BC: Your gift is like an invisible shadow, but it’s like a living shadow, a living shadow of you, but it’s invisible and you can’t see it.
MM: If gifts make ideas bigger, then they take us to the group brain.
TP: Is it really your shadow?
BC: You can’t see it.
LH: I thought about it, and I think the group brain needs more of gifts than ideas because to make a group brain — your brain needs ideas, but to make a group brain, you have to use all of your gifts.
AI: And ideas. You need ideas for the brain part and gifts for the group part. I was thinking that you go through the doors and then you use your gift to help you go through the hallways to get to the room with the ideas.
Levia: So gifts help you navigate?
MM: First it’s collaborating and then it’s the gifts and then it’s the group brain, like a food chain.
SK: Your window connects to your room and your room has everything in it that you need to make your gift better.
LH: Your room can be used to help you check back in. And you have to take a risk to come out.
MG: You have more than window in your castle. There are two things you can be thinking. The castle is your brain and the group brain is where you want to go.
LH: It’s preparing in your room to take the risk and draw what you thought.
SK: Inside your little room you have a pen or a pencil to draw with and once you’re ready, you draw your own way out of the castle.
RD: Like Harold and the Purple Crayon!
MG: When you’re inferring for someone, when some people are stuck in their castle, some people need a physical link to get out, but some people can just think about it and get out, so they might think, ‘oh, my friend might like to get out,’ so you would come to their door and knock on it and tell them to come out there.
BC: Those are all the different ways! For some people you can draw it out, for me it’s the window turning into the door,
MG: Some people have easier ways for getting out of the castle
SK: Each person has their own way out.
A small group of children worked together with Julia, our Arts Specialist, to design what they were seeing based on all of this metaphorical thinking. They designed the Collaboration Castle.
The students worked for weeks on their rooms in the castle
My room helps me relax and chill. -RD
My room is quiet and calm and there aren’t too many people around. I can hear nature sounds. -MC
The floor is real grass. When I’m outside I can breathe. -LH
My room is magical. There are sparkles everywhere. -TP
and the children had the opportunity to create a 3D element out of Sculpey that they wanted to include in their rooms.
Just before the ceremony, children worked together to put the finishing touches on the Castle.
And finally the day of the ceremony was upon us.
For me, the teacher in the classroom, setting intention for the ceremony is paramount. We kicked off the celebration with the sounding of the atecocolli, the ancient, sacred conch shell that calls the energy of the group together.
Then each child was called to the stage one at a time with the “brick” upon which they had written their gift that supports collaboration in the Opal 4 Group Brain and a tulip stem.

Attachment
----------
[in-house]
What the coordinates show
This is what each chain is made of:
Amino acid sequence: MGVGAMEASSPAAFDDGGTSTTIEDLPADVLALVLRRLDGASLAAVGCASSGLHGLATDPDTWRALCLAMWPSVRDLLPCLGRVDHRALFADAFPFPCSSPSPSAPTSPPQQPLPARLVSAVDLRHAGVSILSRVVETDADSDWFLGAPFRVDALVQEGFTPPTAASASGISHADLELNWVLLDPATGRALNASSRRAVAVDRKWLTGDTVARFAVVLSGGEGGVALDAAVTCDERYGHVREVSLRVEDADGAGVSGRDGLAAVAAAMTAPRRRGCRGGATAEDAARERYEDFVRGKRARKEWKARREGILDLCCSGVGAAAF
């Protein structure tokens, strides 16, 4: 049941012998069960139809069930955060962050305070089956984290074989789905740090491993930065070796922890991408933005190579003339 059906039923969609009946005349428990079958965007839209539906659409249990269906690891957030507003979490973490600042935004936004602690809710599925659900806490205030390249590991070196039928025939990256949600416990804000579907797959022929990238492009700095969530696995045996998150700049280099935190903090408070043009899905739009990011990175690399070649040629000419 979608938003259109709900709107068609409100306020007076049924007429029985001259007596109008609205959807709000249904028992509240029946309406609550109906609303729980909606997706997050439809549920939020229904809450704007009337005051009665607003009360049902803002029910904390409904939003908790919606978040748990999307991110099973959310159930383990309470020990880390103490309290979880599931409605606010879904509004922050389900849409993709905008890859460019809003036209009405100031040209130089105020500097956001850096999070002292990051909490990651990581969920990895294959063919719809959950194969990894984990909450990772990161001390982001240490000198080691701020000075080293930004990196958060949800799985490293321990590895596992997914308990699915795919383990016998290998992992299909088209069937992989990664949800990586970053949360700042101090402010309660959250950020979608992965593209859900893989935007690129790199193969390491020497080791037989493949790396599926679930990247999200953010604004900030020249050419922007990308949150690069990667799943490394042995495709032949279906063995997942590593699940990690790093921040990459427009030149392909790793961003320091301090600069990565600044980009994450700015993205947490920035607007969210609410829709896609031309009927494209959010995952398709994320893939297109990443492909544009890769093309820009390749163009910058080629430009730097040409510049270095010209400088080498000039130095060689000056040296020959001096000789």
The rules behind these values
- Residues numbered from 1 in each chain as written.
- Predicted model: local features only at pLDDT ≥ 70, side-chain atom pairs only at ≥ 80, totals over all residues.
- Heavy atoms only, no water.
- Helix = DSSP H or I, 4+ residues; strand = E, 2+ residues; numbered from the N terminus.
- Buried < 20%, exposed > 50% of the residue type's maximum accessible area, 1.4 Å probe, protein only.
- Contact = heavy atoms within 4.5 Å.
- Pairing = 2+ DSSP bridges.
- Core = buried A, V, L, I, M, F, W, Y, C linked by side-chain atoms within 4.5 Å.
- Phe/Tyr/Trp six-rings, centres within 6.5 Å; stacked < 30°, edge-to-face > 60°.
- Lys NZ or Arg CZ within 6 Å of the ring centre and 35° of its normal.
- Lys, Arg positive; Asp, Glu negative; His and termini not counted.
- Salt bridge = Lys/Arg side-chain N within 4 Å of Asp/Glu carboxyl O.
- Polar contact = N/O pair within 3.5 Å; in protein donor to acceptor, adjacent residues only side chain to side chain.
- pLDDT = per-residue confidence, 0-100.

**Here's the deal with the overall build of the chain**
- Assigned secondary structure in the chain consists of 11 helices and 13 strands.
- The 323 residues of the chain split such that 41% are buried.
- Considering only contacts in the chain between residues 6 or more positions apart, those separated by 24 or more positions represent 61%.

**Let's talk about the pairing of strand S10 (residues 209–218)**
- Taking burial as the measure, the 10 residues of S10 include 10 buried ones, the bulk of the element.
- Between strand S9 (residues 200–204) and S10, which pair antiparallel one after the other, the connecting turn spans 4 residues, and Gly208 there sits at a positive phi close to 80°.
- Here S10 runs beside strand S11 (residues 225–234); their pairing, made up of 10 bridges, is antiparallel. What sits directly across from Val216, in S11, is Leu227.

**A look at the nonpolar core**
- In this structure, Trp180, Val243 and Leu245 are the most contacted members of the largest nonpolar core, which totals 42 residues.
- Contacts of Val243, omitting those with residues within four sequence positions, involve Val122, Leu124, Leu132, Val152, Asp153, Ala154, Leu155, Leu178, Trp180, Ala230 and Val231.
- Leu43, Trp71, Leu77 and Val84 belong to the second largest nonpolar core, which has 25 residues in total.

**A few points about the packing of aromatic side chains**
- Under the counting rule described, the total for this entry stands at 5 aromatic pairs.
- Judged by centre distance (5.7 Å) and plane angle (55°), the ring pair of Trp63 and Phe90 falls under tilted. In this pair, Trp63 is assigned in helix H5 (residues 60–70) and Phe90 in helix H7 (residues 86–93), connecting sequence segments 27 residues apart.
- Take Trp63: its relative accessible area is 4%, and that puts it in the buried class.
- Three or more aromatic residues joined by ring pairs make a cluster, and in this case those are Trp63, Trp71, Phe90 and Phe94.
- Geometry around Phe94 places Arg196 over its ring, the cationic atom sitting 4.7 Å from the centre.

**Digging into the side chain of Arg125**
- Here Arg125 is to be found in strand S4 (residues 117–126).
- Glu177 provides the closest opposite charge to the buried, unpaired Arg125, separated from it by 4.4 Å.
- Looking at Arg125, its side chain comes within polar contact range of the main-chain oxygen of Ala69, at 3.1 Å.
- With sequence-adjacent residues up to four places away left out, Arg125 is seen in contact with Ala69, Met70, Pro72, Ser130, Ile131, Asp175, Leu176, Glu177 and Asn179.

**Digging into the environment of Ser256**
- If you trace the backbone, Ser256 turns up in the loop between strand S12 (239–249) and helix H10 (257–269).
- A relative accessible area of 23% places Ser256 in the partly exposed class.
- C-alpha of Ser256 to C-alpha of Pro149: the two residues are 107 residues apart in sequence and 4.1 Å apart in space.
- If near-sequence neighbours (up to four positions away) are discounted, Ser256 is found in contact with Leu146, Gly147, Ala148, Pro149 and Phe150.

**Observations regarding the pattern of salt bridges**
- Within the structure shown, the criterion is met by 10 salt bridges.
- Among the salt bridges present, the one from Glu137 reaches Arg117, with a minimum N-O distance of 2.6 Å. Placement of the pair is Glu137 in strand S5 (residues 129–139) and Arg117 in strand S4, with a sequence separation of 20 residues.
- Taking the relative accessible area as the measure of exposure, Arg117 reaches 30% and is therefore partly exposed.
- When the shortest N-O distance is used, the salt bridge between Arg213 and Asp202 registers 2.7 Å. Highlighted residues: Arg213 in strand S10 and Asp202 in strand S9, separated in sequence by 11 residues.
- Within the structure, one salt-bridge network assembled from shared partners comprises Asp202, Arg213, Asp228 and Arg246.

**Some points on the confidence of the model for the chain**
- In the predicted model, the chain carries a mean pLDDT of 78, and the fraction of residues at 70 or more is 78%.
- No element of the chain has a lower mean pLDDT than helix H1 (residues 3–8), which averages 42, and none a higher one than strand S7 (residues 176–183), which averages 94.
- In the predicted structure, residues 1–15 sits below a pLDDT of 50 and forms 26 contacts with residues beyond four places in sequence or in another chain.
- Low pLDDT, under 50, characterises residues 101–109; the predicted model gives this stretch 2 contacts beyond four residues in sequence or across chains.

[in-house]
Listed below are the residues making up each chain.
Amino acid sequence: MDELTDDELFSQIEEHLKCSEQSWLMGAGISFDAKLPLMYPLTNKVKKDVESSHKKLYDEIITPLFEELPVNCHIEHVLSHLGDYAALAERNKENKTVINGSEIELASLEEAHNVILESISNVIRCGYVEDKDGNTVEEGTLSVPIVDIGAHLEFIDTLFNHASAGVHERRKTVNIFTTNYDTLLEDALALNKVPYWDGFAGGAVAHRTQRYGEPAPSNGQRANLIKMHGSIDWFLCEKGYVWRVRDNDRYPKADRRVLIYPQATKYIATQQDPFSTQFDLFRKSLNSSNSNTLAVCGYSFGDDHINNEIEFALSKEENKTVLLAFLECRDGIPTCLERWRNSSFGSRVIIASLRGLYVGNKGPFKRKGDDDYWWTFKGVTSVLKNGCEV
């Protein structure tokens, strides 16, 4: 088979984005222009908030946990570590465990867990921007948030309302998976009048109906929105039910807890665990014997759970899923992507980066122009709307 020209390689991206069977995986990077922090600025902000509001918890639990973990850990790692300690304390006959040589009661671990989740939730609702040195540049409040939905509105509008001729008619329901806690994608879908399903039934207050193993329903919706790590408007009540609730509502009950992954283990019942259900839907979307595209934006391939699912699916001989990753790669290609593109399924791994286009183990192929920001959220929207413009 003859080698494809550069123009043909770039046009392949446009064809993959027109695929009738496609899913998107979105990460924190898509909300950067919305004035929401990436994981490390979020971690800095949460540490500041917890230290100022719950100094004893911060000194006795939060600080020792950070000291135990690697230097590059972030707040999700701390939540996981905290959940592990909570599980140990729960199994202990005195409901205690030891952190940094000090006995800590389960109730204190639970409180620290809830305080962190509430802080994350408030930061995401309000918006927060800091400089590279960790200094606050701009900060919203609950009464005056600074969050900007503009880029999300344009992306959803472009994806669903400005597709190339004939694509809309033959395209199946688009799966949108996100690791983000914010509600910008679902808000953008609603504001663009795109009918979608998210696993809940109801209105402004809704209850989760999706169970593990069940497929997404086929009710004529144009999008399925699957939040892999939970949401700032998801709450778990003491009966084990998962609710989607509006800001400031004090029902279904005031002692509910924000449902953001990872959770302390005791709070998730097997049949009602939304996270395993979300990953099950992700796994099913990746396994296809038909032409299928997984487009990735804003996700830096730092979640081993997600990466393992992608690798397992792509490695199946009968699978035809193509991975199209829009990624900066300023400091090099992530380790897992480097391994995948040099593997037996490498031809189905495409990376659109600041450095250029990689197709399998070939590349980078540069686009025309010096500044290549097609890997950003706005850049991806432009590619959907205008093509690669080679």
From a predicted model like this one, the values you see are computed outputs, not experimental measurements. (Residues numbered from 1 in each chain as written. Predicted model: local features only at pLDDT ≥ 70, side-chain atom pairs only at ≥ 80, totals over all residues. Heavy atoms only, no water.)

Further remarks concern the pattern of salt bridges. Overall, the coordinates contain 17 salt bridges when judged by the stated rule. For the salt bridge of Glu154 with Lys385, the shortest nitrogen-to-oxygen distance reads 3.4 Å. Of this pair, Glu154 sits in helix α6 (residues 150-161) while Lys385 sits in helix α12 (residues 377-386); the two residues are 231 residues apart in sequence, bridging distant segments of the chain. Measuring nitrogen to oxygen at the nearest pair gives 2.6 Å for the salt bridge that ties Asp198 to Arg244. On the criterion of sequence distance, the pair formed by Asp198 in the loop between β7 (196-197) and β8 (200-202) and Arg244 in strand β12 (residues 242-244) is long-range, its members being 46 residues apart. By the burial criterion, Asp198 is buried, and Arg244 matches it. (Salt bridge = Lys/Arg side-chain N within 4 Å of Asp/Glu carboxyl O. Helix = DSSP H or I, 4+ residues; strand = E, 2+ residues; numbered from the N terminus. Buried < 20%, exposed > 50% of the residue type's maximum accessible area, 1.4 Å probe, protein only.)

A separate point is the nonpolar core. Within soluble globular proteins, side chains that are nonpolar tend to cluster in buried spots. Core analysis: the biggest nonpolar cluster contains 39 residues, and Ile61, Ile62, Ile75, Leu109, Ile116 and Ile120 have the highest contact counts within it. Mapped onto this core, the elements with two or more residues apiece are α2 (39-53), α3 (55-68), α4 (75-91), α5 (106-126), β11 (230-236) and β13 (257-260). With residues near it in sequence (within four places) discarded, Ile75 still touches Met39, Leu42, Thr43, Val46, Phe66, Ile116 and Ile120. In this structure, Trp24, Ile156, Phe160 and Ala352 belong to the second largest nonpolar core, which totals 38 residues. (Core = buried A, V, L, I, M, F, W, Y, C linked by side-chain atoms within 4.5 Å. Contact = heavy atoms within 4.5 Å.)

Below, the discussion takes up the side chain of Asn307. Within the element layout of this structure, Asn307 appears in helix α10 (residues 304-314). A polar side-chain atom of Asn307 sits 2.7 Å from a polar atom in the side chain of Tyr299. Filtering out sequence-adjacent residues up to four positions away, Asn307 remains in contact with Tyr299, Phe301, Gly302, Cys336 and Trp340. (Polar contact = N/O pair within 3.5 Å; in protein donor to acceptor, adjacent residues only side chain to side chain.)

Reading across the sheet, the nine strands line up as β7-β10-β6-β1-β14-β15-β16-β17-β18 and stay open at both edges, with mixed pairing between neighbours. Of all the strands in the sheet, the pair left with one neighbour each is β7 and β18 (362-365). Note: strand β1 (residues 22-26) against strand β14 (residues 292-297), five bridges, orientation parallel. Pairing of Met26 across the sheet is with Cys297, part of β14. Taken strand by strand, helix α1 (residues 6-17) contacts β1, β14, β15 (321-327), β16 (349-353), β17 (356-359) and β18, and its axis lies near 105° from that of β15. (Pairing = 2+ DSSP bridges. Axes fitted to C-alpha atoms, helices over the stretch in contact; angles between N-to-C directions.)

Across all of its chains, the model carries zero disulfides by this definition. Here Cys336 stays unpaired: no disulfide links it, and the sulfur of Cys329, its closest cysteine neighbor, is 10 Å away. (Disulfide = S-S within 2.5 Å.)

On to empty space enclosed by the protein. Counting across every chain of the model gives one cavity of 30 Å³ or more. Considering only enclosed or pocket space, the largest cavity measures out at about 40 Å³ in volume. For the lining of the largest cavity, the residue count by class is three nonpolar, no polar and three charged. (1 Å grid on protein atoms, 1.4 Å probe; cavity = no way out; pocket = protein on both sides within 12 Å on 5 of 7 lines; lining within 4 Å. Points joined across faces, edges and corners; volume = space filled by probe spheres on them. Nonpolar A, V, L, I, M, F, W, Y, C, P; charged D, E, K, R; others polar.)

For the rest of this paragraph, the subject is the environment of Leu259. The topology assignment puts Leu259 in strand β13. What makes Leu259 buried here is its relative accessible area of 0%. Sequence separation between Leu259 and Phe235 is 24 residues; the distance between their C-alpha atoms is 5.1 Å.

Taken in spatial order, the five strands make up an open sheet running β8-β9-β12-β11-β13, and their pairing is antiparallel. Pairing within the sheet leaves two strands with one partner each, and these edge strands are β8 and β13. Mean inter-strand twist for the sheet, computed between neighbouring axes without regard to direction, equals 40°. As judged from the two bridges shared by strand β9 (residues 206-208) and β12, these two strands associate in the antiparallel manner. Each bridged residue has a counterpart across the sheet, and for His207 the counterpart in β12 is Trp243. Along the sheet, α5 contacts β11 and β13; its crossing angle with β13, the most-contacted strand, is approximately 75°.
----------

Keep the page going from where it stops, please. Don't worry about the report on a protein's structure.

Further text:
After everyone was on the stage, we read the following quote together:
and we thought about the role of receiving. I asked that throughout our gift giving ceremony everyone think about staying open and receiving what everyone was about to give. The students were asked to feel the energy of the group around them and step forward to give their gift, brick and flower when they felt like it was their turn to go.
One by one, the giving began.
I give the gift of taking ideas and explaining them more clearly. I am open to ideas. -EL
I think out of the box. I share good ideas. -KG
I am a consensus building protagonist. I lead by example. -SL
I give the gift of being a flexible-er. I am not a stubborn person. -OD
I am a protagonist of truth. I take other people’s perspectives and share those truths with the community and let them see it too. -AI
I am a truth speaker. I am not afraid to say what I think. -AE
I give the gift of being the idea librarian. I give and predict ideas. -IM
I give the gift of being a problem solving intervener. It’s easy for my partners to agree with me. -CB
Then we reflected as a group on what the ceremony felt like.
MM: I was in one of those pauses so I was wondering at what point I should pop in and I just went in.
BC: If someone stepped in and then another person stepped in second the second person just went away and let the other person go and share their gift. People were encouraging.
RD: When it was silent it felt like April Fool’s Day.
Levia: What did that silence feel like?
AI: It felt good. The whole community was still interacting.
BC: We were all doing a big chat, like a big, silent chat.
KG: And only one person talked at one time.
LH: And everyone kind of went along with that person.
MM: AB and I went at the same time and then we both stepped back and then I was silently greeting him in to go back in. That happened with a lot of people.
AI: I was nervous to go in, but RD encouraged me to go.
SR: I could tell SK was about to go, but I went first. I could tell by how she was moving forward.
NT: It felt sort of awkward to me.
BC: She waits a long time thinking about what she should do.
SR: At the very end of each discussion Nisa is the one who talks.
With our vase of tulips full and our gift bricks lingering on the fabric, we celebrated in the way this community loves the best – with a group challenge! The challenge was for the entire group to cross the line and touch their foot to the ground at exactly the same time.
How did we collaborate to meet this challenge? What did you need to find your way into the group brain?
Gift Bricks on the castle and some sneak peeks into the various rooms:
Come visit the Collaboration Castle in our classroom!
How will the Group Brain reveal itself in what comes next?